Hippolyta (1813 ship)

Hippolyta (or Hippolita), was launched in 1813. She was initially a West Indiaman but then made some voyages to India under a license from the British East India Company. She returned to the West Indies trade and in 1823 wrecked near Boulogne, while sailing from Havana for London.

United Kingdom
Name: Hippolyta
Namesake: Hippolyta
Owner: G. Schonswar & Co.[1]
Builder: William Gibson, Hull[1]
Launched: 2 February 1813[1]
Fate: Wrecked 4 March 1823
General characteristics
Tons burthen: 352[1] (bm)
Armament: 14 × 9-pounder carronades


Hippolyta entered Lloyd's Register in 1813 with W.M. Hill, master, Schonswar, owner, and trade Hull–Jamaica.[2] In January 1814 Hippolita, Hill, master, was on her way from Hull to Montego Bay, Jamaica, when she ran aground and lost her rudder near Montego Bay. HMS North Star towed her off.[3]

In 1813 the EIC lost its monopoly on the trade between India and Britain. British ships were then free to sail to India or the Indian Ocean under a license from the EIC.[4]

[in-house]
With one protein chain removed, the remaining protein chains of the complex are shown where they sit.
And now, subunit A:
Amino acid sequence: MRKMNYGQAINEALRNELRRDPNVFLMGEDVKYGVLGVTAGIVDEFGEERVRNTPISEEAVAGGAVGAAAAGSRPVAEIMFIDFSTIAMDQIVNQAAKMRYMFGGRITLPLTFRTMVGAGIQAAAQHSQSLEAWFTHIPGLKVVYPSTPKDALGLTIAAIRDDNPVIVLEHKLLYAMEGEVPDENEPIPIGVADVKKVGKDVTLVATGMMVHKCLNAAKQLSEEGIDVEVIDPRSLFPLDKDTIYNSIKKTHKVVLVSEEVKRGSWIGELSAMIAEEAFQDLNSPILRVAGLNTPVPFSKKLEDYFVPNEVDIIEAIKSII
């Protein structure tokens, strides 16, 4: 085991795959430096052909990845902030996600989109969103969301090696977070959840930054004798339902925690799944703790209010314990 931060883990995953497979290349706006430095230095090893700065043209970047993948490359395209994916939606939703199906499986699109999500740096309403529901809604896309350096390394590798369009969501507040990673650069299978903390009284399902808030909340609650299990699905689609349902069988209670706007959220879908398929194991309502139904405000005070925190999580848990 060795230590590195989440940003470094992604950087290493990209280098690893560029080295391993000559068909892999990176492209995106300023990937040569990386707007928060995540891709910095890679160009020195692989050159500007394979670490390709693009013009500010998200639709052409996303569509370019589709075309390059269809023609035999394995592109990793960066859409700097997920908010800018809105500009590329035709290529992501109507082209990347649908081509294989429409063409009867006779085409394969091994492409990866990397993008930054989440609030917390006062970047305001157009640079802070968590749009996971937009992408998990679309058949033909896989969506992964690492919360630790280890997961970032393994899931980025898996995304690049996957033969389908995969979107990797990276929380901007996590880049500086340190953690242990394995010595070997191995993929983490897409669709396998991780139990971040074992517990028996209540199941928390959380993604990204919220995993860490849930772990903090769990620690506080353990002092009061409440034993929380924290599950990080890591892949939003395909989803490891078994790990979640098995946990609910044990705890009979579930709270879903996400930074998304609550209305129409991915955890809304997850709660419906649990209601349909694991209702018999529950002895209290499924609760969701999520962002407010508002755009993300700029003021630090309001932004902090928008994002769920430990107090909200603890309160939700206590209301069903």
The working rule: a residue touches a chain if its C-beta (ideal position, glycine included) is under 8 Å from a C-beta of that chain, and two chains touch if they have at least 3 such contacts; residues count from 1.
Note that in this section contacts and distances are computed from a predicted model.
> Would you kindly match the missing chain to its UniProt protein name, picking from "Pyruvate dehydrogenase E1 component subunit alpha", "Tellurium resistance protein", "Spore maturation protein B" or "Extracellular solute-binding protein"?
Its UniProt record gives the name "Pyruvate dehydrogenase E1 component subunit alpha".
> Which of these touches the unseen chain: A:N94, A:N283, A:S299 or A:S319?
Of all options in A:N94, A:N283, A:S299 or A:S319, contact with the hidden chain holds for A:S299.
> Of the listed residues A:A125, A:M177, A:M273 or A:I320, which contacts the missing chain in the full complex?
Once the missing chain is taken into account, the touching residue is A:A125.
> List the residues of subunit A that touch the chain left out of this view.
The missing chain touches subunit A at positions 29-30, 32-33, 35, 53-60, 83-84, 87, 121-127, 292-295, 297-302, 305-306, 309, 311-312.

In January 1814, Hippolyta was driven ashore on the coast of Jamaica. She was refloated with assistance from the Royal Navy sloop-of-war HMS North Star.[5]

Lloyd's Register for 1818 still showed Hippolyta with W. M. Hill, master, and Schonswar, owner. However, it showed her trade changing from Hull–Shields, to London–Calcutta.[6] A list of licensed ships showed Hippolita, W.M.Hill, master, sailing for Bengal on 27 March 1818.[7] A later list shows Hippolyta, J. Roberts, master, sailing for Bombay on 9 July 1821. It bears the annotation, "Lost".[8] Her entry in Lloyd's Register for 1823 shows her master as J. Richards, her owner as Schonswar, and her trade as Hull–India. It also shows that she underwent a large repair in 1821.[9]


Hippolita, Doxhead, master was driven ashore by a tremendous gale and wrecked at Boulogne, Pas-de-Calais, France, on 4 March 1823. Boats from Boulogne rescued the crew,[10] with the loss of a crew member. She was on a voyage from Havana, Cuba, to London.

Citations and references



  • Hackman, Rowan (2001). Ships of the East India Company. Gravesend, Kent: World Ship Society. ISBN 0-905617-96-7.
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